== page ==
High school hopefuls test engineering mettle

In Campus News, News

A bridge made out of spaghetti is stronger than most people think. High school students across the nation are challenged to design and construct a load-bearing bridge made of only a half a pound of spaghetti and epoxy, a thermo-setting resin that forms a tight adhesive.

This is one of the many projects that must be completed during Engineering Innovation, an intensive four-week summer course for high school students held in the Engineering and Computer Science building beginning July 5.

Engineering Innovation was developed by Johns Hopkins University’s Whiting School of Engineering, to build skills in engineering and expand on basic information on the subject.
Through the program, high school students assess engineering concepts by applying their knowledge of mathematics and science to labs and hands-on projects.

During the course of the project, each student achieves a greater understanding by attending college-level lectures and generating solutions to open-ended problems and testing theories.

“The idea is to explore engineering careers and to motivate young students to major in science technology engineering and mathematics,” said Assistant Dean at the College of Engineering and Computer Science, Victor Delgado. The Engineering Innovation’s mission is simple.

They want to increase the number of youths who pursue STEM education and careers across the country, particularly women, minorities and other underrepresented groups.
“We definitely would like to increase the number of women and underrepresented ethnicities such as Hispanics and African Americans,” said JHU Assistant Dean for Engineering Education Outreach, Christine Newman.

Through partnerships with local schools, youth-serving non-profit organizations, local corporations and faculty, the Center for Educational Outreach works to make a broad impact on the community and create effective, scalable, sustainable programs.

“We want to break down the barriers in our society and allow the engineering profession to be open to everyone,” Newman said.

The academic enriching course includes a rigorous program that gives students the opportunity to apply math knowledge and participate in hands-on applications with projects that include building a bridge out of spaghetti, a mouse trap made with paper and rubber bands, robotic devices and more.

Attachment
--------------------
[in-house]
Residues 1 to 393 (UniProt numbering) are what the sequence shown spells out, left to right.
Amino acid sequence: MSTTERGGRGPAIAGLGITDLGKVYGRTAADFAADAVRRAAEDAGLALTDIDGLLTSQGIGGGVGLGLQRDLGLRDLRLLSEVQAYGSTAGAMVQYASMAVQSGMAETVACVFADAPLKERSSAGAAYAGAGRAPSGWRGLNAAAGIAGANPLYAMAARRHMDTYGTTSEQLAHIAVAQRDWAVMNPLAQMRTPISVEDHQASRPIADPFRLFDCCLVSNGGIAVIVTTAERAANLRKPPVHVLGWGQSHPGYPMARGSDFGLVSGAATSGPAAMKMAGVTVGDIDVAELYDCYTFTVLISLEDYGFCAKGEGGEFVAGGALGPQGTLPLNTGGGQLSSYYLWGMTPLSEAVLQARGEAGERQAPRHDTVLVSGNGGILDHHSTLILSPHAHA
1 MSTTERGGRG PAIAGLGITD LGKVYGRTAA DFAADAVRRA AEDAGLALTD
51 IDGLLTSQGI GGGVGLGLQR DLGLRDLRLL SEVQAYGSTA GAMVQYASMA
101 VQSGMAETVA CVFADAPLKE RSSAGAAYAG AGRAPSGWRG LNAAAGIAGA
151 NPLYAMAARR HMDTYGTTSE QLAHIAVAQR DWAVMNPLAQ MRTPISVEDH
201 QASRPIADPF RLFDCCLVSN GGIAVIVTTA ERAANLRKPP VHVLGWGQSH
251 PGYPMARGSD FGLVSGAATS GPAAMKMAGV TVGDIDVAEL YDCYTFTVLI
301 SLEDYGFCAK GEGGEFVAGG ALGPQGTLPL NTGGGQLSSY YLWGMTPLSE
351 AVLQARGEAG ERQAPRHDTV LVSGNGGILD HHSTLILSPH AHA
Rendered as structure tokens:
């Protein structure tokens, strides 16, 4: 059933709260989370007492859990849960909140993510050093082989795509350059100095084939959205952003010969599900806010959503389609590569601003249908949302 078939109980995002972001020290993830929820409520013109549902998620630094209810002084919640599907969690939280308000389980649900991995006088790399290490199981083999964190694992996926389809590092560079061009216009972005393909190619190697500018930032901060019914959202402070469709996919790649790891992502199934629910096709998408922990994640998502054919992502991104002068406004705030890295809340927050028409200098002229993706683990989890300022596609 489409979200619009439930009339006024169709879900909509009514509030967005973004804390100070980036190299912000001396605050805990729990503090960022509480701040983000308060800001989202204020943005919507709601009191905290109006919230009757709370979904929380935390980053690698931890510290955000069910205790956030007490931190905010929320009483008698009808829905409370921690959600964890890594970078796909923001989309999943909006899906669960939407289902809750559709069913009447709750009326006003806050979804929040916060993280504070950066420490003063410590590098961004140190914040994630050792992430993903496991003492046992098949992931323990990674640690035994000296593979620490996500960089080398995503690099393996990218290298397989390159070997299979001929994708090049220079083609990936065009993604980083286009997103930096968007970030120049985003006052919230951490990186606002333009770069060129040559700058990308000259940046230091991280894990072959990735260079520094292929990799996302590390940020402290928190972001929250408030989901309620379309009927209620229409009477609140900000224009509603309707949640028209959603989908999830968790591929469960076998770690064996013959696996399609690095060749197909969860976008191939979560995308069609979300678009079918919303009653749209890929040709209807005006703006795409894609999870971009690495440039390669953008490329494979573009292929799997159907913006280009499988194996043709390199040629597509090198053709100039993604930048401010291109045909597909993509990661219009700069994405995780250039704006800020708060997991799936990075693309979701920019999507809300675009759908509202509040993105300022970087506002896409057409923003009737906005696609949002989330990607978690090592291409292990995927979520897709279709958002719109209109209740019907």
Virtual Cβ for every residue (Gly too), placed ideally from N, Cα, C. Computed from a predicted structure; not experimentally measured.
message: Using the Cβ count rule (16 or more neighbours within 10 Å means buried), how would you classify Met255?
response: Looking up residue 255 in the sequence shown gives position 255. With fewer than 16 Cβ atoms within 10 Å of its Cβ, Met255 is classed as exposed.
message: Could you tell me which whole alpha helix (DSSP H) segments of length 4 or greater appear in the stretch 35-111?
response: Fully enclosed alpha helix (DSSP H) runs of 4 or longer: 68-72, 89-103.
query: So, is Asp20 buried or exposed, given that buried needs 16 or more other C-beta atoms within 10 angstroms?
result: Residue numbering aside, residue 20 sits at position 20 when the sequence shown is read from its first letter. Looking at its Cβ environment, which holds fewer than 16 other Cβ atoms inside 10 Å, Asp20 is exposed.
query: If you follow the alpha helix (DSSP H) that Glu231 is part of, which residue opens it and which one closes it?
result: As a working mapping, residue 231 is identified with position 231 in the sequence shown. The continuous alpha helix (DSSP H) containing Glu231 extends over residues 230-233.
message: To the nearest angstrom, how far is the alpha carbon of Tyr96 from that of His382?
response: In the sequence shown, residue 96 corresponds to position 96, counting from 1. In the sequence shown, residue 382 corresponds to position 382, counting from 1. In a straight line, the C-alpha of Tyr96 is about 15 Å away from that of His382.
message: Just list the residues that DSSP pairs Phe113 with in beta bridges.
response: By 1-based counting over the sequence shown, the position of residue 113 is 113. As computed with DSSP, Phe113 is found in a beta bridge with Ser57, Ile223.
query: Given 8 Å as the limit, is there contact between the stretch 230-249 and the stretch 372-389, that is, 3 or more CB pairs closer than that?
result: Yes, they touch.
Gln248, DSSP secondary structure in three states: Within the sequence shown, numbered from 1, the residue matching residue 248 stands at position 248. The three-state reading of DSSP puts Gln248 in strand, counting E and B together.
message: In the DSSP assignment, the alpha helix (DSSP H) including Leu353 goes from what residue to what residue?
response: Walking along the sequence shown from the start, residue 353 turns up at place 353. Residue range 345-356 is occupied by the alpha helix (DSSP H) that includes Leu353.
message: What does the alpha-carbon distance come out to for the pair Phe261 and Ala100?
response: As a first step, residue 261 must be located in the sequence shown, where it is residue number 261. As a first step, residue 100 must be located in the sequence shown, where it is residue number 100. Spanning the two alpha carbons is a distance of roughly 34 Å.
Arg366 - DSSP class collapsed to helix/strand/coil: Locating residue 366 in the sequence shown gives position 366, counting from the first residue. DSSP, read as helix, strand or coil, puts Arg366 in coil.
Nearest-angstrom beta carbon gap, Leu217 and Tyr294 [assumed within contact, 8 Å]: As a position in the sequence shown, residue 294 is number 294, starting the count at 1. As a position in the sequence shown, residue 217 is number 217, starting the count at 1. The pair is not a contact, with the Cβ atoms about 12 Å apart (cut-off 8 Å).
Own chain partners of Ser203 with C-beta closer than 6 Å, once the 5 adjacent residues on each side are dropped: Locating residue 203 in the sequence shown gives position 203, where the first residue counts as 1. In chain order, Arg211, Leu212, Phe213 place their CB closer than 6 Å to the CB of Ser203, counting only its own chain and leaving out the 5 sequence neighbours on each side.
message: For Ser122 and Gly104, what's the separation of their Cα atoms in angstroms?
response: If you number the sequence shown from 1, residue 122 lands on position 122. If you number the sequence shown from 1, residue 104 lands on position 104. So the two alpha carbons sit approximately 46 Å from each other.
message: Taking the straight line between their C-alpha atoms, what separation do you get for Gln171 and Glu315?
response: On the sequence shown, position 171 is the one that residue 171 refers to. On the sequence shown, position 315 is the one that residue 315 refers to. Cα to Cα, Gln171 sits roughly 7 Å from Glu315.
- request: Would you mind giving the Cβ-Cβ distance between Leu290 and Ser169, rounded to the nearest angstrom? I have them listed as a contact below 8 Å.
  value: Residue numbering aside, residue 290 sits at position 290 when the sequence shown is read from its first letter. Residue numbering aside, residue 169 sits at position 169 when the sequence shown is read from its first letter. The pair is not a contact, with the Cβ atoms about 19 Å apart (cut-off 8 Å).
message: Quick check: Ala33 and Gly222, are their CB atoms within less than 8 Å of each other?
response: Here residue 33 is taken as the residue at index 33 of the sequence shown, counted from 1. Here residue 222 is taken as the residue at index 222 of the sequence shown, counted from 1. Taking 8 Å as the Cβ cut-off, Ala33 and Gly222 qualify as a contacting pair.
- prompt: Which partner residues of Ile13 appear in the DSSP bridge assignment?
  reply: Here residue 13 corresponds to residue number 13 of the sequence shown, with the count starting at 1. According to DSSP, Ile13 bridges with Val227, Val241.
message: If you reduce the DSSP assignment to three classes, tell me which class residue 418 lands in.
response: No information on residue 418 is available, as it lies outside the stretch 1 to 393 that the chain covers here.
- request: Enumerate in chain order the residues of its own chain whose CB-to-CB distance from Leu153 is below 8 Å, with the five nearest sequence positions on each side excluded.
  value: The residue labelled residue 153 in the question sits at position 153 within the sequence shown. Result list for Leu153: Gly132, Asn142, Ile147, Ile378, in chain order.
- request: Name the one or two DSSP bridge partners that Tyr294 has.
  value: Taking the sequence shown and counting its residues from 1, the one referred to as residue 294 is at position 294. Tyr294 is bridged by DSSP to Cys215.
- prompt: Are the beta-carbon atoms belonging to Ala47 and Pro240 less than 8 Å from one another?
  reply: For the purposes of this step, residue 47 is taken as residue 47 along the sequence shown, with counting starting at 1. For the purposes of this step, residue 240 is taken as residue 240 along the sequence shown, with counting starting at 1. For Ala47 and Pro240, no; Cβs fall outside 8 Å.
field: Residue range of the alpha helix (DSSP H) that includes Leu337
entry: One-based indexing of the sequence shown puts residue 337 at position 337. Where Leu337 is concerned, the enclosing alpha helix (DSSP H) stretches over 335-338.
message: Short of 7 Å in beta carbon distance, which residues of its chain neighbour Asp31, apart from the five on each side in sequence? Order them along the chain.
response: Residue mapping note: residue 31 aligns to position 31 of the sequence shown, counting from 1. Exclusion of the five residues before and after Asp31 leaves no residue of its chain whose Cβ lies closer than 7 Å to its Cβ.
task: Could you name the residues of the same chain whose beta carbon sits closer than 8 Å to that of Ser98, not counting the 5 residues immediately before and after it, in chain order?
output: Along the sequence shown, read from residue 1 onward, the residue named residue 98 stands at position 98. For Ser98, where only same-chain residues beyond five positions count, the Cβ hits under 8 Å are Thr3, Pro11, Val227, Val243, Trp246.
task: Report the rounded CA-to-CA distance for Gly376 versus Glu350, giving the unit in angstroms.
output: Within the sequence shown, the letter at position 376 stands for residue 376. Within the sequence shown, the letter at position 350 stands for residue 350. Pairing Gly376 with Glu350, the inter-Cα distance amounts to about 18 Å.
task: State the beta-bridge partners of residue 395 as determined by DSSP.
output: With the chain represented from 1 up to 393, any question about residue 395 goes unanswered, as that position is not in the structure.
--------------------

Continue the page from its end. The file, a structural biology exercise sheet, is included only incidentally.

“The program is meant for students to explore possible career paths in engineering and computer science,” Delgado said. “It really exposes them to resolve and think through the process of being an engineer, because the concepts learned can be used in real world situations.”

The curriculum is designed to impact the engineering students while in high school in a way that will motivate them to engage in a STEM major once they reach college.

“There is a big push for STEM majors with multiple programs that advocate STEM education. Engineering Innovation is a good opportunity to learn the skills necessary to achieve in school,” Delgado said.

Nearly 90 percent of Engineering Innovation graduates study engineering or science in college.
Binod Tiwari, assistant professor in the civil and environmental engineering department, will be instructing the Engineering Innovation students this summer. This will be his third time teaching the course.

“It is a very intense course from 9 a.m. to 3 p.m. that is well designed by JHU,” Tiwari explained. “I lecture in the morning and, in the afternoon, they build what was discussed in the morning.”

Tiwari said that his students have a higher chance of being accepted at an Ivy League college, or any desired university, if they are part of the program.

“It’s a lot of hard work, but the students really enjoy it,” Tiwari said.
By taking a college-level course while in high school, Engineering Innovation students are able to earn three transferrable JHU engineering credits with a final grade of only an “A” or “B.”

“It is a very good transition course from high school to college because it prepares students to experience the pace of a college course,” Tiwari said.

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